This is why the NAM acted today to urge the Joint Select Committee to address the urgent, and worsening, multiemployer pension crisis. As we laid out in our letter, we believe that policymakers have a unique and historic opportunity to put the multiemployer pension system on a path to stability. And, by adhering to a few core principles, such as working expeditiously to address the urgent problems facing the system, crafting a comprehensive multiparty solution and protecting the healthy single-employer system throughout the process, we believe they can.

This is a huge challenge, but the Joint Select Committee and Congress can solve it. A comprehensive, bipartisan solution is within reach. So we urge policymakers to meet the moment with the swift, comprehensive and appropriate action that this crisis demands.

Manufacturers Support Global Movement of Goods by Air

By | Infrastructure, Shopfloor Main, Shopfloor Policy | No Comments

Before Open Skies agreements, international commerce was stifled by post–World War II aviation rules that required governments to mandate flight routes between nations. These antiquated rules could not adapt to the aviation needs of a global economy and emerging technologies. In 1992, the United States signed an Open Skies agreement with the Netherlands to provide for unlimited flight between the two nations. Of course, the Federal Aviation Administration (FAA) was, and still is, responsible for ensuring that all airlines—foreign and domestic, passenger and cargo—are safe and airworthy. The bipartisan pursuit of Open Skies agreements created a framework to enable U.S. passenger and cargo airlines to access foreign aviation markets that had previously shut out U.S. air carriers. They also provide manufacturers the ability to access new customers in overseas markets while increasing competition and facilitating global trade.

Manufacturers have been stalwart advocates of these agreements because we export U.S.-made parts and goods across the world and thus depend on air cargo services with the kind of uninterrupted and continuous global reach that only Open Skies agreements can provide. In fact, the Brookings Institution estimates that Open Skies agreements add approximately $4 billion in annual economic gains to consumers. Learn more here.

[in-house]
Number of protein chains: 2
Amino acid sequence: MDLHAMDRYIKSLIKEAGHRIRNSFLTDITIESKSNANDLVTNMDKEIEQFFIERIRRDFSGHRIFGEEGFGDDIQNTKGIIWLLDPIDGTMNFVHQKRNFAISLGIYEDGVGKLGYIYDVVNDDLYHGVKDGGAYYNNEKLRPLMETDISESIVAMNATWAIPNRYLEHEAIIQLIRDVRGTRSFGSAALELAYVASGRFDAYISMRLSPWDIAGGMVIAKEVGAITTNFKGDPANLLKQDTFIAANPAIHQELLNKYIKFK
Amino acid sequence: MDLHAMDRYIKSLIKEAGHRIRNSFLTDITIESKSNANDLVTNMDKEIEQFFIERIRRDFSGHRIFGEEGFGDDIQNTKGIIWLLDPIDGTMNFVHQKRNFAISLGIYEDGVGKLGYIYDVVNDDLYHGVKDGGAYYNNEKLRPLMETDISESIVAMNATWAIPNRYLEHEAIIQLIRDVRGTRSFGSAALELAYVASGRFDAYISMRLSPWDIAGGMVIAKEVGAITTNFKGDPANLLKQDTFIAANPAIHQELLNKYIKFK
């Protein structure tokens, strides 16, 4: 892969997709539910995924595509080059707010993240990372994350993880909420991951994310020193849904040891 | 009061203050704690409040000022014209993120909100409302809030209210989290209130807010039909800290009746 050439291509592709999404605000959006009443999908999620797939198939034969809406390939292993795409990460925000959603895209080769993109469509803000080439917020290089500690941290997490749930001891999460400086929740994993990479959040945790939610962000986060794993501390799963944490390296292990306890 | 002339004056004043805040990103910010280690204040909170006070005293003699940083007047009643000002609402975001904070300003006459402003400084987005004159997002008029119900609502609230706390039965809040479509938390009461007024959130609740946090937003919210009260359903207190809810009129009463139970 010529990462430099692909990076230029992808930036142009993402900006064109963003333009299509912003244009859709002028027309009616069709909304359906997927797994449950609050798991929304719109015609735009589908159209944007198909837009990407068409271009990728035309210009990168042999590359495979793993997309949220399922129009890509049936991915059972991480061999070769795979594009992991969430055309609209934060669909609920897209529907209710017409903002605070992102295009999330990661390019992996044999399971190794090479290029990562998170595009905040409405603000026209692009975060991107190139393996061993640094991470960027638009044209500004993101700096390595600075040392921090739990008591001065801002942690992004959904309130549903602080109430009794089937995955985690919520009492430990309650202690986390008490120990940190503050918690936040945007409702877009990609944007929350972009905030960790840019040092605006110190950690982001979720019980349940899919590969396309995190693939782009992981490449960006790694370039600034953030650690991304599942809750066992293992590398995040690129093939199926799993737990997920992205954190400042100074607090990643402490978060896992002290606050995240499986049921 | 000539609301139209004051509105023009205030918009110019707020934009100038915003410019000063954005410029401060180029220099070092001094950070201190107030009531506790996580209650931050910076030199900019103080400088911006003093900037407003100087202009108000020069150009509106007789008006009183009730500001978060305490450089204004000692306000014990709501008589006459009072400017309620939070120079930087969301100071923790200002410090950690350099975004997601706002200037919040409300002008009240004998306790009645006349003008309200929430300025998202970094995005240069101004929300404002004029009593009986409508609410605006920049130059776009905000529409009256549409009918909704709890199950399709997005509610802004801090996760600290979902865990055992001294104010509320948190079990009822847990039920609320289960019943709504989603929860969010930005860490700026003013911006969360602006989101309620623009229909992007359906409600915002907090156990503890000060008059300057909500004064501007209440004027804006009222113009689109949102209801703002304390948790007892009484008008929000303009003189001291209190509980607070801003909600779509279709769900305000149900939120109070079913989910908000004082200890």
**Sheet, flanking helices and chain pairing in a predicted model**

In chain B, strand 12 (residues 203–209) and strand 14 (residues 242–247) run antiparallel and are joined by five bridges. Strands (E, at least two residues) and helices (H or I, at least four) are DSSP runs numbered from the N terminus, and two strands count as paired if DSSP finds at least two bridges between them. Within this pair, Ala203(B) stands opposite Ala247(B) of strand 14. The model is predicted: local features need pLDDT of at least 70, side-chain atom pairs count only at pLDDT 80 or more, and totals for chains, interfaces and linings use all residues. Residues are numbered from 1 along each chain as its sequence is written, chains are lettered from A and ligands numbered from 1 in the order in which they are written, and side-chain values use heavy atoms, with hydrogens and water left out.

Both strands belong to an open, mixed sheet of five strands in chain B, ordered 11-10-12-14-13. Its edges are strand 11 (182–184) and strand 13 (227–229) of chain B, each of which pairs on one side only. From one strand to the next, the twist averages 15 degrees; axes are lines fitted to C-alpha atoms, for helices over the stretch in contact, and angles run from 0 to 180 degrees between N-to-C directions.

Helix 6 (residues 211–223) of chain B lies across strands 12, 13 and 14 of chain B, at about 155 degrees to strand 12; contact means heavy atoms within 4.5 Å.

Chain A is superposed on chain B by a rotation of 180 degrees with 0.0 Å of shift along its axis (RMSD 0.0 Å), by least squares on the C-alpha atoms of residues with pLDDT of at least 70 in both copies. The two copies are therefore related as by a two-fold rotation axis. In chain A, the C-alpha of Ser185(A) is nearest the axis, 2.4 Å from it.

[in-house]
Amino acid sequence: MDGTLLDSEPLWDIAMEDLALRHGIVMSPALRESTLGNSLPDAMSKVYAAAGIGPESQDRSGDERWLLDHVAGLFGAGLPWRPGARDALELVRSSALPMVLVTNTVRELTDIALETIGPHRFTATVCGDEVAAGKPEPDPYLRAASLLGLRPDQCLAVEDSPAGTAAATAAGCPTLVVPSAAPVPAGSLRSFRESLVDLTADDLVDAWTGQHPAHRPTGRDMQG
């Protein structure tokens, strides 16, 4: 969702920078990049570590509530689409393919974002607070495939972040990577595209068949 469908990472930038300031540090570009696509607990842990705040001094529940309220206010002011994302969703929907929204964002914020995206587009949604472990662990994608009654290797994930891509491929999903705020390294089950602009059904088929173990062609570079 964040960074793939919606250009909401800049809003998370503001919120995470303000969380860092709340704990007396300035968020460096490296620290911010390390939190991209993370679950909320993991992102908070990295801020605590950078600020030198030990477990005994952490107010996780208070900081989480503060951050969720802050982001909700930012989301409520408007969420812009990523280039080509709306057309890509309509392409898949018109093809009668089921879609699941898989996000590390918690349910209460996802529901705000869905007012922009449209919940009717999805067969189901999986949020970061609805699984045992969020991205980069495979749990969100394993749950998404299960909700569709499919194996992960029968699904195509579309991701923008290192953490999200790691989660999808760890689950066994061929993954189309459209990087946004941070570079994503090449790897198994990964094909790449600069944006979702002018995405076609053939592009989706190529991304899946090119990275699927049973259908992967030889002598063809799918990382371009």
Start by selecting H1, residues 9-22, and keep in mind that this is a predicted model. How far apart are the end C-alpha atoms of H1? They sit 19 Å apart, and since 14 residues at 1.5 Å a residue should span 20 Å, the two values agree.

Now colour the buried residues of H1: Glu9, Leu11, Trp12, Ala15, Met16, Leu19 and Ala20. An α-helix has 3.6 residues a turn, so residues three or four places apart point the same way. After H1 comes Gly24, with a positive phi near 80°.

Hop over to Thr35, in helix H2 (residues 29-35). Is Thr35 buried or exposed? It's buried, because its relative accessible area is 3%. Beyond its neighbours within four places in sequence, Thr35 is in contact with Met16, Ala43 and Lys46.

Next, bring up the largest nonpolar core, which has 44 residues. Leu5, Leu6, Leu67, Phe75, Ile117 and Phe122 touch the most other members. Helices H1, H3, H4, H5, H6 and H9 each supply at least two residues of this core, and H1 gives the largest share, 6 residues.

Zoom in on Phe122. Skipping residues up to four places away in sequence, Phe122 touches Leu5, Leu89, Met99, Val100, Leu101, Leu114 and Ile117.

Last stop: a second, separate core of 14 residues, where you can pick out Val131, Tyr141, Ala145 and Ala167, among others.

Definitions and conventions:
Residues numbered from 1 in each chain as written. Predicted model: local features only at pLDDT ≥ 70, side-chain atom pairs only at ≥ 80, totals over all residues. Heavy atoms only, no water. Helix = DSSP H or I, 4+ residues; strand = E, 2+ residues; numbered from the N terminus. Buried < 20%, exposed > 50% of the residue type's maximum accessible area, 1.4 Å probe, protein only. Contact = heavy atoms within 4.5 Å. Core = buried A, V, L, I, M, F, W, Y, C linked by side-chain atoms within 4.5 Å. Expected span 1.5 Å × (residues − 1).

And so, with the FAA reauthorization process underway and a September 30 authorization deadline looming, the National Association of Manufacturers (NAM) continues to urge both House and Senate leaders to support current Open Skies agreements because they open markets, promote competition and offer more options for manufacturers to access overseas customers. At the same time, manufacturers urge the Senate to reject proposals that would undermine Open Skies agreements and result in disruptions to the current agreements, jeopardizing manufacturers’ access to international aviation networks. That is why manufacturers stand with the Trump administration’s opposition to the so-called “Flag of Convenience” provision (Section 530) of the House-passed FAA Reauthorization Act (H.R. 4). This provision would create new barriers for foreign carriers to enter U.S. airspace beyond the negotiated standards of our current Open Skies agreements. These new barriers would violate our current agreements and invite retaliatory action against U.S. cargo and passenger air carriers operating across the globe and providing manufacturers access to overseas customers. Learn more here.

Manufacturers need products and parts made in the United States to continue to have the guaranteed delivery to overseas customers that is protected by our current Open Skies agreements, and so we have been active on this issue for some time. In 2015, the NAM underscored to the departments of Commerce, State and Transportation that manufacturers in the United States depend on sales overseas to sustain and grow American operations and U.S.-based employment. And in 2017, the NAM reminded the House Transportation and Infrastructure Committee and Senate Commerce, Science and Transportation Committee that Open Skies bilateral aviation agreements are one of several important tools that help ensure manufacturers’ access to global markets and critical services that support manufacturers in the United States. Now, with the Senate considering Open Skies agreements as part of the FAA reauthorization legislation, the NAM is again speaking out by urging Congress to reject false, so-called “Flags of Convenience” amendments and protect manufacturers’ access to international aviation networks and overseas customers that only these agreements can provide.